A Business Plan For Writers

Marcela Landres interviewed me about my business plan in her September newsletter. If you think it’s not for you, think again if you want to be a successful novelist (e.g published more than once).

Here are the parts of my business plan model that I discussed in Marcela’s interview:

Mission Statement: think of this as your calling to writing as opposed to, “I want to be a NYT bestselling author and makes tons of cash.” Are you writing to entertain women, to inspire African American teens, to bring justice to the bad guys? Your mission is what inspires your work.

Reader profile: My first draft of this section was inspired by one of my more memorable rejection letters. The agent wrote that she did not imagine Hot Tamara finding a place in the competitive marketplace. But I did. I imagined a young women; she could be Latina, white, Asain … didn’t matter. Anyway, this young woman had a job, a car, maybe she shared an apartment with friends or a boyfriend or she was married. My link to her was that she loved books and she wanted a story and a heroine who had similar issues like her. I pictured her on her lunch break, sitting at a table under a tree reading my book and wishing she didn’t have to go back to her desk because she was dying to know what happened next.

Once I sold Hot Tamara into the competitive marketplace (sorry, couldn’t stop myself), I did my homework. I stopped women in bookstores, read articles about book sales, hunted down Latina sororities and networking organizations … you name it. And I still update this profile because I want each new book to find more of these readers.

Goals/Strategy: Before I sold my first book, this section had my top ten list of agents, my B-list, etc. I had their names, their recent sales (culled from PublishersMarketplace.com and acknowledgements from books I thought were similar to mine) as well as the dates when I had sent my query and its status. Like I said I’m not a Virgo, just a hard-working Capricorn with a one-track mind.

When I sold and then continued to sell books, this is where I keep track of my proposals and projects. Also, when I’m slugging it out with one project and get a new idea, this is where I’ll put that idea so it stays out of my head. But strategy has become the most important piece of this section. This is how I keep track of my communication with my agent; how I plan to promote my next book; and how I plan updates to my website.

Otherwise, I’d forget and drift aimlessly and not be able to write and you would never discover if Tamara and Will have children. Opps, did I let that one slip? So sorry.

heh heh heh

Oh come on, you know I love you!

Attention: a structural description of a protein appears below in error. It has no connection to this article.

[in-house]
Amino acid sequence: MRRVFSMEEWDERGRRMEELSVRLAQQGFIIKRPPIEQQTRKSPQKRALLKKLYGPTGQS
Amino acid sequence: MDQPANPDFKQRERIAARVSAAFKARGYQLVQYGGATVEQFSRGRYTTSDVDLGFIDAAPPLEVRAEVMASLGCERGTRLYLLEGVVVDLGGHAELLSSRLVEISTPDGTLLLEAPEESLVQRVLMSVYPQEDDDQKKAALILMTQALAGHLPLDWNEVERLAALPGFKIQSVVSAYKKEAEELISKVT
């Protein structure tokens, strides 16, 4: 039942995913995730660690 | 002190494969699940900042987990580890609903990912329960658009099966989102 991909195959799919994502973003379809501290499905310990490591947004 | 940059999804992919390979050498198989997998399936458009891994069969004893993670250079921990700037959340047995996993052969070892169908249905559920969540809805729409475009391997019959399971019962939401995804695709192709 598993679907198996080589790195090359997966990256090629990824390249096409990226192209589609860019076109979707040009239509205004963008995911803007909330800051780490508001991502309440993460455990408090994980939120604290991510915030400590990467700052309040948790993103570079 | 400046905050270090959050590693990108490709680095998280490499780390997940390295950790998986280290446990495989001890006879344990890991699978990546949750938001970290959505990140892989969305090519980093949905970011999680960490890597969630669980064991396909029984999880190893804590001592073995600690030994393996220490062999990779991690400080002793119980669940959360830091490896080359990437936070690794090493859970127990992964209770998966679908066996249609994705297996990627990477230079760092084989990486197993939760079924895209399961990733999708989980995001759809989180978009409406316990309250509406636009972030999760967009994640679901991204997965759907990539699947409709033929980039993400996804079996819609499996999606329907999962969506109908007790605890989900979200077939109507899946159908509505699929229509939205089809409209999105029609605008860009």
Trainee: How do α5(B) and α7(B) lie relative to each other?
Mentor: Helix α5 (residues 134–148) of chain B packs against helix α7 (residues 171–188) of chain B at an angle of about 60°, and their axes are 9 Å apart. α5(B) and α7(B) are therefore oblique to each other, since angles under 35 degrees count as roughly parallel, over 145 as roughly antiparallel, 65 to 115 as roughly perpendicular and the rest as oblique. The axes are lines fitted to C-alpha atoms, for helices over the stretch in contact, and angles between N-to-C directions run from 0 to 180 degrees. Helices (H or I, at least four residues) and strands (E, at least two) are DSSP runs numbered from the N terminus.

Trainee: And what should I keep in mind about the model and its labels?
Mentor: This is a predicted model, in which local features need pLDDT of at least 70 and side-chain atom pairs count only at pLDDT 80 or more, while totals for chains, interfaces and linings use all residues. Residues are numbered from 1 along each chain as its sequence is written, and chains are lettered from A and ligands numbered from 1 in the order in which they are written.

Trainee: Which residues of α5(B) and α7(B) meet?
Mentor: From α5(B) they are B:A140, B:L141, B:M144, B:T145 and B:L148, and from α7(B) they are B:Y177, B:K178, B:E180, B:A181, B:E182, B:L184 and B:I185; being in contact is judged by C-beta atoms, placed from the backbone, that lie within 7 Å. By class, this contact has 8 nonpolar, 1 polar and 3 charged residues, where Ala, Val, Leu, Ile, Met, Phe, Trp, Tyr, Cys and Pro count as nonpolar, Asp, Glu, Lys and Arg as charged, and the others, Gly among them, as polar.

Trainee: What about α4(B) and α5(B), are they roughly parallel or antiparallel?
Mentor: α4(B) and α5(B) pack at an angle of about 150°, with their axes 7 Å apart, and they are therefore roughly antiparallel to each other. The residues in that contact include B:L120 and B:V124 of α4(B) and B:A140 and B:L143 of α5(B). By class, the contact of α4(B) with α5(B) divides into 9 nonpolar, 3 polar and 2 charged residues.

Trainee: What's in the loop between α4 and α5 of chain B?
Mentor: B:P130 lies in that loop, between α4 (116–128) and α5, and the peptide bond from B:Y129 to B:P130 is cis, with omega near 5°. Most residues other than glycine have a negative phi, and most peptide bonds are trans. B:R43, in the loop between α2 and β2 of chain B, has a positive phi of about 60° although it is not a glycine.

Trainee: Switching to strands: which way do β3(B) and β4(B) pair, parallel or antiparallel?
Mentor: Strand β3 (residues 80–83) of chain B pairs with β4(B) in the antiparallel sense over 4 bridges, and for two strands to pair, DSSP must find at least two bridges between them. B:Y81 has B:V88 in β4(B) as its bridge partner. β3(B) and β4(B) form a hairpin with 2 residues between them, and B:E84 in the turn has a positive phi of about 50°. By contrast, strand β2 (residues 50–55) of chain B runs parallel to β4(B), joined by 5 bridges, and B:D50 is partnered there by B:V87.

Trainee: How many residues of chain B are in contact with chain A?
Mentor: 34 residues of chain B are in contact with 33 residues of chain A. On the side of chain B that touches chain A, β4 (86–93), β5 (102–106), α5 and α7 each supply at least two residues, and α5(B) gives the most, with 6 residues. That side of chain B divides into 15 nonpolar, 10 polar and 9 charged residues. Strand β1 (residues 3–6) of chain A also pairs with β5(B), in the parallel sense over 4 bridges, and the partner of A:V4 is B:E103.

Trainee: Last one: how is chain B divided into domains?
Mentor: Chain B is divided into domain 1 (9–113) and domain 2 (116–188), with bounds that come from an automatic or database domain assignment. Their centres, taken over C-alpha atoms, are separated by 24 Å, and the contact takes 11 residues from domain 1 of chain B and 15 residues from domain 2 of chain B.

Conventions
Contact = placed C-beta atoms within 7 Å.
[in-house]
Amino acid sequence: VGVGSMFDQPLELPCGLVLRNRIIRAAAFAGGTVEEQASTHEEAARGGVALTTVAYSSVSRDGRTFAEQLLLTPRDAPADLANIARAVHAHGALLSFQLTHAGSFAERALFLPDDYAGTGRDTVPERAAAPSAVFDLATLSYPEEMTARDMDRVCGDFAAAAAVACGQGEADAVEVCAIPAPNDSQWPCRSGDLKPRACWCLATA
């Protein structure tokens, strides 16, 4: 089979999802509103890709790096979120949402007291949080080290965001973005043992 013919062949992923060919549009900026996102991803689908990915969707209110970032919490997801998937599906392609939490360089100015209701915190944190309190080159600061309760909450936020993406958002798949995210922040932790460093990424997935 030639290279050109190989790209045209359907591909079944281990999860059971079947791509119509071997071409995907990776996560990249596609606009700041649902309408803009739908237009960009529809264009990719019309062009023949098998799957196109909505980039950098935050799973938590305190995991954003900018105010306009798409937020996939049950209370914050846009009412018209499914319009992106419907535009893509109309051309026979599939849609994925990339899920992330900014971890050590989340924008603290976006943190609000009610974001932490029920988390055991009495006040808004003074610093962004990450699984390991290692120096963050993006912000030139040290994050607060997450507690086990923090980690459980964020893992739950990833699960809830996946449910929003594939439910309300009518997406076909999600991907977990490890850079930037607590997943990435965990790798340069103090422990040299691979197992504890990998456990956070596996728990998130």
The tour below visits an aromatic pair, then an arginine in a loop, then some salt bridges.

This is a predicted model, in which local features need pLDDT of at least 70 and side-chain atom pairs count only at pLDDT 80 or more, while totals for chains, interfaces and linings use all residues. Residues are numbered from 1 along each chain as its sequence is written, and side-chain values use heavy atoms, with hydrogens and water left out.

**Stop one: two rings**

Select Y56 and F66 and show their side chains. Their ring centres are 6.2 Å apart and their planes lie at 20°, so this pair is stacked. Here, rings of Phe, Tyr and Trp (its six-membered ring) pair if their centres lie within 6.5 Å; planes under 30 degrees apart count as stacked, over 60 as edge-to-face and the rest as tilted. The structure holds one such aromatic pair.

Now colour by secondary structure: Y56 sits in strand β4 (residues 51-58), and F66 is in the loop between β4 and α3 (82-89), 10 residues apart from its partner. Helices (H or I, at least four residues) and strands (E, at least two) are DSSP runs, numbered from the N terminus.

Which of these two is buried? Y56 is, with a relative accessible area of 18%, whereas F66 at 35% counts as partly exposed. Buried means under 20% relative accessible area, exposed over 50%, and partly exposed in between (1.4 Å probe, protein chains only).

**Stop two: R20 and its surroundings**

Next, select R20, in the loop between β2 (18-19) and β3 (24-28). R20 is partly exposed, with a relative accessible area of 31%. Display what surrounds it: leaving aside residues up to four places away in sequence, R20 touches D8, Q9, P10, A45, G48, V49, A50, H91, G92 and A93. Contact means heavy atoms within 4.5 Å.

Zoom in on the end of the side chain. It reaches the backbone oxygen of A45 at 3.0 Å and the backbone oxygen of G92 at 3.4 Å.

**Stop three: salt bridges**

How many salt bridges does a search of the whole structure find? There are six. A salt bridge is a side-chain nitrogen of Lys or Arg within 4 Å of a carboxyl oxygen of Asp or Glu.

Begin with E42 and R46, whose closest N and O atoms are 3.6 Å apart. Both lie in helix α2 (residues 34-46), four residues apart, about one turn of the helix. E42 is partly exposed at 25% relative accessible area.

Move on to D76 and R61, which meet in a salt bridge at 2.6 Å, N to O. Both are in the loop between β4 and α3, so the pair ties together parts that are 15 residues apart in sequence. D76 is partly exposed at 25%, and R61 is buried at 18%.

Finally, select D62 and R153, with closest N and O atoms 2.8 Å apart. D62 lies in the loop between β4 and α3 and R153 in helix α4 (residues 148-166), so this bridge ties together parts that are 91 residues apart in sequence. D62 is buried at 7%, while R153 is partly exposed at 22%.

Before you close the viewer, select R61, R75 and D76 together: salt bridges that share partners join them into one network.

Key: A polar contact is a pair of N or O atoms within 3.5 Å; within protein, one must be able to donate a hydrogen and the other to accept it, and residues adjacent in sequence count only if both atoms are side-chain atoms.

Going back to the topic at hand, even if you’re not yet published, consider creating your plan now. It will only make your queries and proposals stronger. But even more important, it can be a souce for inspiration when that rejection letter appears in your mail box, or when you can’t write another word of your work-in-progress.

Best,

Mary

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4 thoughts on “A Business Plan For Writers

  1. That’s a really interesting post Mary… I know there was an article about biz plans in last month’s RWR (I think so anyway…). I’ve always wondered how useful would it be to get your goals on paper, but if writing is thinking (and I think it is) then I’d say I need to get on that… and I imagine your biz plan would have to be tweaked with every step (first sale, second sale, new style of writing…) you embatk on.Now, if only I had TIME for all of this!! Ah, to write/promote full time…PS I started my blog not too long ago!!! Didn’t want to advertise it too much until I could prove it to myself that I had it in me to blog often. http://newbienovelist.blogspot.comHope to see you there!

  2. When I wrote my plan, I was working 12 sometimes 16 hours a day at a newspaper. I firmly believe we don’t find time; we make it.If you haev time to blog, then you have time to write a plan.

  3. I think that the root cause of many of my problems is time management skills (or lack thereof) – whether at work on the day job, or at work on the novel. I think you have to try your best to be in the moment at all times – if working on your novel, focus on that. If toiling at the day job, focus, so you can get more done, and more efficiently too. Alas, it’s easier said than done… at least for me!

  4. Hi Mary –Love this post! Please tell me you might be willing to turn this into an article for the ORANGE BLOSSOM. Pretty please..????Love you!Weez

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